• 2. Service Science is an emerging transdiscipline that draws on a great breadth of existing academic disciplines without replacing them. Thanks to the intellectual contributions from the research community of various disciplines, Service Science has progressed from SSME, to SSME+D (Design), and expanded to SSME+DAPP (Design, Art and Public Policy). With this expansion, there is a need to develop a set of Fundamental Concepts of Service Science to facilitate the creation of a trading zone (big tent) to invite individuals from different background with different vocabularies to communicate, share ideas, and facilitate their engagement in mutually productive interactions. The Fundamental Concepts of Service Science are identified as ecology, entity, interactions, outcomes, value propositions, governance mechanisms, resources, access rights, stakeholders, and measures. A preliminary set of Fundamental Premises of Service Science will be presented that would allow reasoning assertions to be made about the behavior and interaction among the Fundamental Concepts. We will also reflect these developments upon the pioneering work of Service-Dominant Logic and its Fundamental Premises. 2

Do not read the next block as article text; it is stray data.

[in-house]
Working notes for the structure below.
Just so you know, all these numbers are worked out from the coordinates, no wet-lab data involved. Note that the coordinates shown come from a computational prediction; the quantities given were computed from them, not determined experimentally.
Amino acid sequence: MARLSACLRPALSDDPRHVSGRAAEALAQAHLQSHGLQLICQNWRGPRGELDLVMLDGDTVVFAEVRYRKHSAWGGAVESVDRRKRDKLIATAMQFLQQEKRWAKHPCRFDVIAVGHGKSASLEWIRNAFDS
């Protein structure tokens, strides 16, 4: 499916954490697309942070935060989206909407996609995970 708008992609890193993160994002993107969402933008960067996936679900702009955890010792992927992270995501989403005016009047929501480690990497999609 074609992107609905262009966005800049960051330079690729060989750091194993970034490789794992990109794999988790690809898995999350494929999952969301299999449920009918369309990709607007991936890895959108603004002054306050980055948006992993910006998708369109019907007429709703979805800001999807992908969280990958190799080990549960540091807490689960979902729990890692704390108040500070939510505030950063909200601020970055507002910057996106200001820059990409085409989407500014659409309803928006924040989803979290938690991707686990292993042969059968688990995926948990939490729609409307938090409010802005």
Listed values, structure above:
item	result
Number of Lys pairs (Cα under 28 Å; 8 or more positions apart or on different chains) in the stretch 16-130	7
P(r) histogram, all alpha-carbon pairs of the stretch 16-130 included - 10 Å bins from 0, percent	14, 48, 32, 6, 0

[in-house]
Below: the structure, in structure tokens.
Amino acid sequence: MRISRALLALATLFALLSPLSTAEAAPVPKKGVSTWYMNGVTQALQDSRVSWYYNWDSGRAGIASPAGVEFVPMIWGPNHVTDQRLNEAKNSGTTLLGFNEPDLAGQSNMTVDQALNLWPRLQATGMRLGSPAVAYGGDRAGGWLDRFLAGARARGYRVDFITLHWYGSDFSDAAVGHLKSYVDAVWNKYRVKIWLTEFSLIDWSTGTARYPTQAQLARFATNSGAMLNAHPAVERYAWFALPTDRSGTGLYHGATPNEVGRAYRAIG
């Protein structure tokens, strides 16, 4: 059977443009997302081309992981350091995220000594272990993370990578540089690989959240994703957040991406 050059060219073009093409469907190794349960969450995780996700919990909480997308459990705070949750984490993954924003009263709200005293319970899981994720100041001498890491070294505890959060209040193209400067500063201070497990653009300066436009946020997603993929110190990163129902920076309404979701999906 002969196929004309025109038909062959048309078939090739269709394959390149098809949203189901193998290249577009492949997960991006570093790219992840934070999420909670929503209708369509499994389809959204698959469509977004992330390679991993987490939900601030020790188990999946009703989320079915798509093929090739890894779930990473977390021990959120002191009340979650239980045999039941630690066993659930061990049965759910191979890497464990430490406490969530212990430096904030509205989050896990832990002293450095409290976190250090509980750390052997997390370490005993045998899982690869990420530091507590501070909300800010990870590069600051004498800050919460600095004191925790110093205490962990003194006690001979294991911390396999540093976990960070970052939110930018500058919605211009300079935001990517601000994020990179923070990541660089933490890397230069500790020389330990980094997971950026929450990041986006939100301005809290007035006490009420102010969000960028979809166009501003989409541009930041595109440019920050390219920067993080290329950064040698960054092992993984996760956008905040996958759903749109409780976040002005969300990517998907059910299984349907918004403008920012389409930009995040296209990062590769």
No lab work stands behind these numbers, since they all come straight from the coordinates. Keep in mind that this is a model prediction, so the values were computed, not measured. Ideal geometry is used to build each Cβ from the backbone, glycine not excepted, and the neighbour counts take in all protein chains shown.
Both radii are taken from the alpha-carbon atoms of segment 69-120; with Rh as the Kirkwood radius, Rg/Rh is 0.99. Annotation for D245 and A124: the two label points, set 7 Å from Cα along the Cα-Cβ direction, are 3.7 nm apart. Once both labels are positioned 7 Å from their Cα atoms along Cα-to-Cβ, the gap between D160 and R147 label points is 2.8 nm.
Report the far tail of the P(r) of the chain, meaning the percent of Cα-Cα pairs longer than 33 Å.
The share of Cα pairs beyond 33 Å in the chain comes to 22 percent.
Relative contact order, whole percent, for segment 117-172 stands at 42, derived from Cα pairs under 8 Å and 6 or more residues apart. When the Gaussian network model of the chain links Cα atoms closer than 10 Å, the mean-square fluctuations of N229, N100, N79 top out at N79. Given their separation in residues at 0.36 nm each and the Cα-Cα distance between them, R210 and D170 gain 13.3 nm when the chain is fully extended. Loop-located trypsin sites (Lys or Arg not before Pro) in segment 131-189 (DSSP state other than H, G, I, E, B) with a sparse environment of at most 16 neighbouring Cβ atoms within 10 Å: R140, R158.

• 3. 3
    • 4. 2013 Ischia, Napoli Italy 4
    • 5. Integrating Three Perspectives For a new Service Agenda Three Pillars or Three Silos? 5
    • 6. Spohrer, JC, Kwan, SK & Fisk, R (2013, forthcoming) “Marketing: A Service Science and Arts Perspective,” in RT Rust & MH Huang (eds.) Handbook of Service Marketing Research, Cheltenham, UK: Edward Elgar Publishers. Spohrer, JC, Kwan, SK &Demirkan, H (2013) “Service Science, On Reflection”. In L. Cinquini, A. Di Minin, R. Varaldo (eds.), New Business Models and Value Creation: A Service Science Perspective. Sxi 8, DOI 10.1007/978-88-470-2838-8_1, Springer-Verlag Italia. Spohrer, JC & H Demirkan, H (2013, manuscript). “Understanding Value Co-Creations and Service Innovations in Time and Space Complexity: The Abstract-Entity-Interaction-Outcome-Universals (AEIOU) Theory”. 6
    • 7. Building Blocks Instantiation & Attributes Spohrer, Kwan & Fisk 2013 7
    • 8. Allow reasoning assertions to be made about the behavior and interaction among the Fundamental Concepts. 8